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Friday October 28, 2016

Rutgers Study: More Evidence that Caffeine Lowers Risk of Skin Cancer

News Release
Monday August 15, 2011

Rutgers Study: More Evidence that Caffeine Lowers Risk of Skin Cancer

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It might be coffee-based sunscreen that works best to block damaging ultraviolet light

There might be a time when instead of just drinking that morning cup of coffee you lather it on your skin as a way of preventing harmful sun damage or skin cancer.

Allan Conney
Allan Conney, director of the Susan Lehman Cullman Laboratory for Cancer Research
A new Rutgers study strengthens the theory that caffeine guards against certain skin cancers at the molecular level by inhibiting a protein enzyme in the skin, known as ATR. Scientists believe that based on what they have learned studying mice, caffeine applied directly to the skin might help prevent damaging ultraviolet light from causing skin cancer.  

Prior research indicated that mice that were fed caffeinated water and exposed to lamps that generated UVB radiation that damaged the DNA in their skin cells were able to kill off a greater percentage of their badly damaged cells and reduce the risk of cells becoming cancerous.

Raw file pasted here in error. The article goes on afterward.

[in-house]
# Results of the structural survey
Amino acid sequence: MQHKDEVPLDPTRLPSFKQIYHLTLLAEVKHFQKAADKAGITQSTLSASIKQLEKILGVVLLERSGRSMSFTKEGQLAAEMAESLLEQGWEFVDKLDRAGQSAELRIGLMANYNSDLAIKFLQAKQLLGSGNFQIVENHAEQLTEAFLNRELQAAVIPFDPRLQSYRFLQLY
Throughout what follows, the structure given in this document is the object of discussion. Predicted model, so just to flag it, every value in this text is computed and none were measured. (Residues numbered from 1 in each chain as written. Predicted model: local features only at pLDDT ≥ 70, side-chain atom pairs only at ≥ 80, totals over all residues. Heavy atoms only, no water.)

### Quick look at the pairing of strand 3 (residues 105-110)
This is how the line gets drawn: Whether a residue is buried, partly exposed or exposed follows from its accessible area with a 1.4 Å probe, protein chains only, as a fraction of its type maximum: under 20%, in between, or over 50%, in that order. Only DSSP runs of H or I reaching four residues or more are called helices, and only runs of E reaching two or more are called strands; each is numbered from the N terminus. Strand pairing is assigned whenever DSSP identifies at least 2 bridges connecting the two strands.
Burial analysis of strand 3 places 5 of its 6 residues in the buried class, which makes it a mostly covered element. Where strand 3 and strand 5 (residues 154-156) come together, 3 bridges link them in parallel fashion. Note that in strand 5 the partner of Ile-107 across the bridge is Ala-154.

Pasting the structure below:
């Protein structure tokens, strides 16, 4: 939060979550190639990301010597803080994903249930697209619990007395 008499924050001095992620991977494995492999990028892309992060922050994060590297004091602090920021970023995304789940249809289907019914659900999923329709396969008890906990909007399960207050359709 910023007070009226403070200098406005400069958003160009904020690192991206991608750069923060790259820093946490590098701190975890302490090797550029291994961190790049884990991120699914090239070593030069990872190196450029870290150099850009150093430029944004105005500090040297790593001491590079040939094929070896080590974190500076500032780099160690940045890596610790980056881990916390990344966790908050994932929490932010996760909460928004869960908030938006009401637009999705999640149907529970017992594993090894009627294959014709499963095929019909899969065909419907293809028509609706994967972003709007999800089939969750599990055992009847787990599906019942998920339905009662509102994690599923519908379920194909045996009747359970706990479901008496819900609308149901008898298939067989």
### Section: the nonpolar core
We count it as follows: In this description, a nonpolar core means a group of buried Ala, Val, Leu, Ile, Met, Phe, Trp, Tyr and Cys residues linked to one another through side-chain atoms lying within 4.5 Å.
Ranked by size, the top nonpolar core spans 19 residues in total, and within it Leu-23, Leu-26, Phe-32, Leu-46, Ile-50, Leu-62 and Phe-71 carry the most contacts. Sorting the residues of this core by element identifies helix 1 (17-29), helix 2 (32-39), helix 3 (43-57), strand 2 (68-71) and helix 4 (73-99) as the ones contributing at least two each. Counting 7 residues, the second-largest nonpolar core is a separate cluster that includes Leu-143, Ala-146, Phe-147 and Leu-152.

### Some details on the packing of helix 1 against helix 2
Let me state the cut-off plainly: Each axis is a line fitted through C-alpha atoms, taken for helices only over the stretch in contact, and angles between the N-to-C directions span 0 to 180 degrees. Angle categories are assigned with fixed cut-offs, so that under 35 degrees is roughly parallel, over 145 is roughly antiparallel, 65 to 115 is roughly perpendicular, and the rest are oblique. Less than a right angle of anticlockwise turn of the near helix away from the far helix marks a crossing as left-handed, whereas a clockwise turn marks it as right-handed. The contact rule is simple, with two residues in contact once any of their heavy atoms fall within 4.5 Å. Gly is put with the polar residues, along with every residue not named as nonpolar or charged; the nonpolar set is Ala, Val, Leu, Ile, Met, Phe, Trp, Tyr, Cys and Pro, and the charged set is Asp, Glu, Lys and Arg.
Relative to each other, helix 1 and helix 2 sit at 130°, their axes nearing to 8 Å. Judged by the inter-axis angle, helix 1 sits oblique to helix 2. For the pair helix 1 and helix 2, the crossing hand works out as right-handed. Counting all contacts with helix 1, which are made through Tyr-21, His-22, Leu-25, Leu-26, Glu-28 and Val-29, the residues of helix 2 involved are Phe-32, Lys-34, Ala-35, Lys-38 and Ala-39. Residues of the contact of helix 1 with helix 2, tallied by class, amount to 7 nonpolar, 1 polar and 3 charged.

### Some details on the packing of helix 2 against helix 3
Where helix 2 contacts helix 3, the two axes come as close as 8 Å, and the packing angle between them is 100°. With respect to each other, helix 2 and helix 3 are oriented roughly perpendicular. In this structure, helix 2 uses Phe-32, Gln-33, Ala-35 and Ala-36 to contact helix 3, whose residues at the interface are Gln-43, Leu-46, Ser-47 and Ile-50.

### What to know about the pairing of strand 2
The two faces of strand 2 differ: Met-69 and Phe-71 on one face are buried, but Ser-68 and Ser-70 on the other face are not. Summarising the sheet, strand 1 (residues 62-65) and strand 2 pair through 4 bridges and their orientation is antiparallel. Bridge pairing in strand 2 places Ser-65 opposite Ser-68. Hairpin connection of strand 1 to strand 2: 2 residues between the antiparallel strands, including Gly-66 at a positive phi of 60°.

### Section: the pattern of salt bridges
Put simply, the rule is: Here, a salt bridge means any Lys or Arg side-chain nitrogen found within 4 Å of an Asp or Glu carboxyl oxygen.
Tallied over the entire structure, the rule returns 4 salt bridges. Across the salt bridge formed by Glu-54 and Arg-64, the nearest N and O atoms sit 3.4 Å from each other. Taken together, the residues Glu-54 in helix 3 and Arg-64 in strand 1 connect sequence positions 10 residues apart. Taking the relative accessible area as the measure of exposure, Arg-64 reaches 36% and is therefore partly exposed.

“Although it is known that coffee drinking is associated with a decreased risk of non-melanoma skin cancer, there now needs to be studies to determine whether topical caffeine inhibits sunlight-induced skin cancer,” said Allan Conney, professor of Chemical Biology and director of the Susan Lehman Cullman Laboratory for Cancer Research at the Ernest Mario School of Pharmacy.

In this newly-published study in the Proceedings of the National Acacemy of Sciences, instead of inhibiting ATR with caffeinated water, Rutgers researchers, in collaboration with researchers from the University of Washington, genetically modified and diminished the levels of ATR in one group of mice. The results: the genetically modified mice developed tumors more slowly than the unmodified mice, had 69 percent fewer tumors than regular mice and developed four times fewer invasive tumors. When caffeine was topically applied to the regular mice, they had 72 percent fewer squamos cell carcinomas, a form of skin cancer.

The study, funded by the National Institutes of Health, also found, however, that when both groups of mice were exposed to chronic ultraviolet rays for an extended period of time, tumor development occurred in both the genetically modified and regular mice.  What this seems to indicate, says Conney, is that inhibiting the ATR enzyme works best at the pre-cancerous stage before UV-induced skin cancers are fully developed.

According to the National Cancer Institute, sunlight-induced skin cancer is the most prevalent cancer in the United States with more than 1 million new cases each year. Although multiple human epidemiologic studies link caffeinated beverage intake with significant decreases in several different types of cancer, including skin cancer, just how and why coffee protects against the disease is unknown.

“Caffeine might become a weapon in prevention because it inhibits ATR and also acts as a sunscreen and directly absorbs damaging UV light,” said Conney.

Media Contact: Robin Lally
732-932-7084, ext. 652

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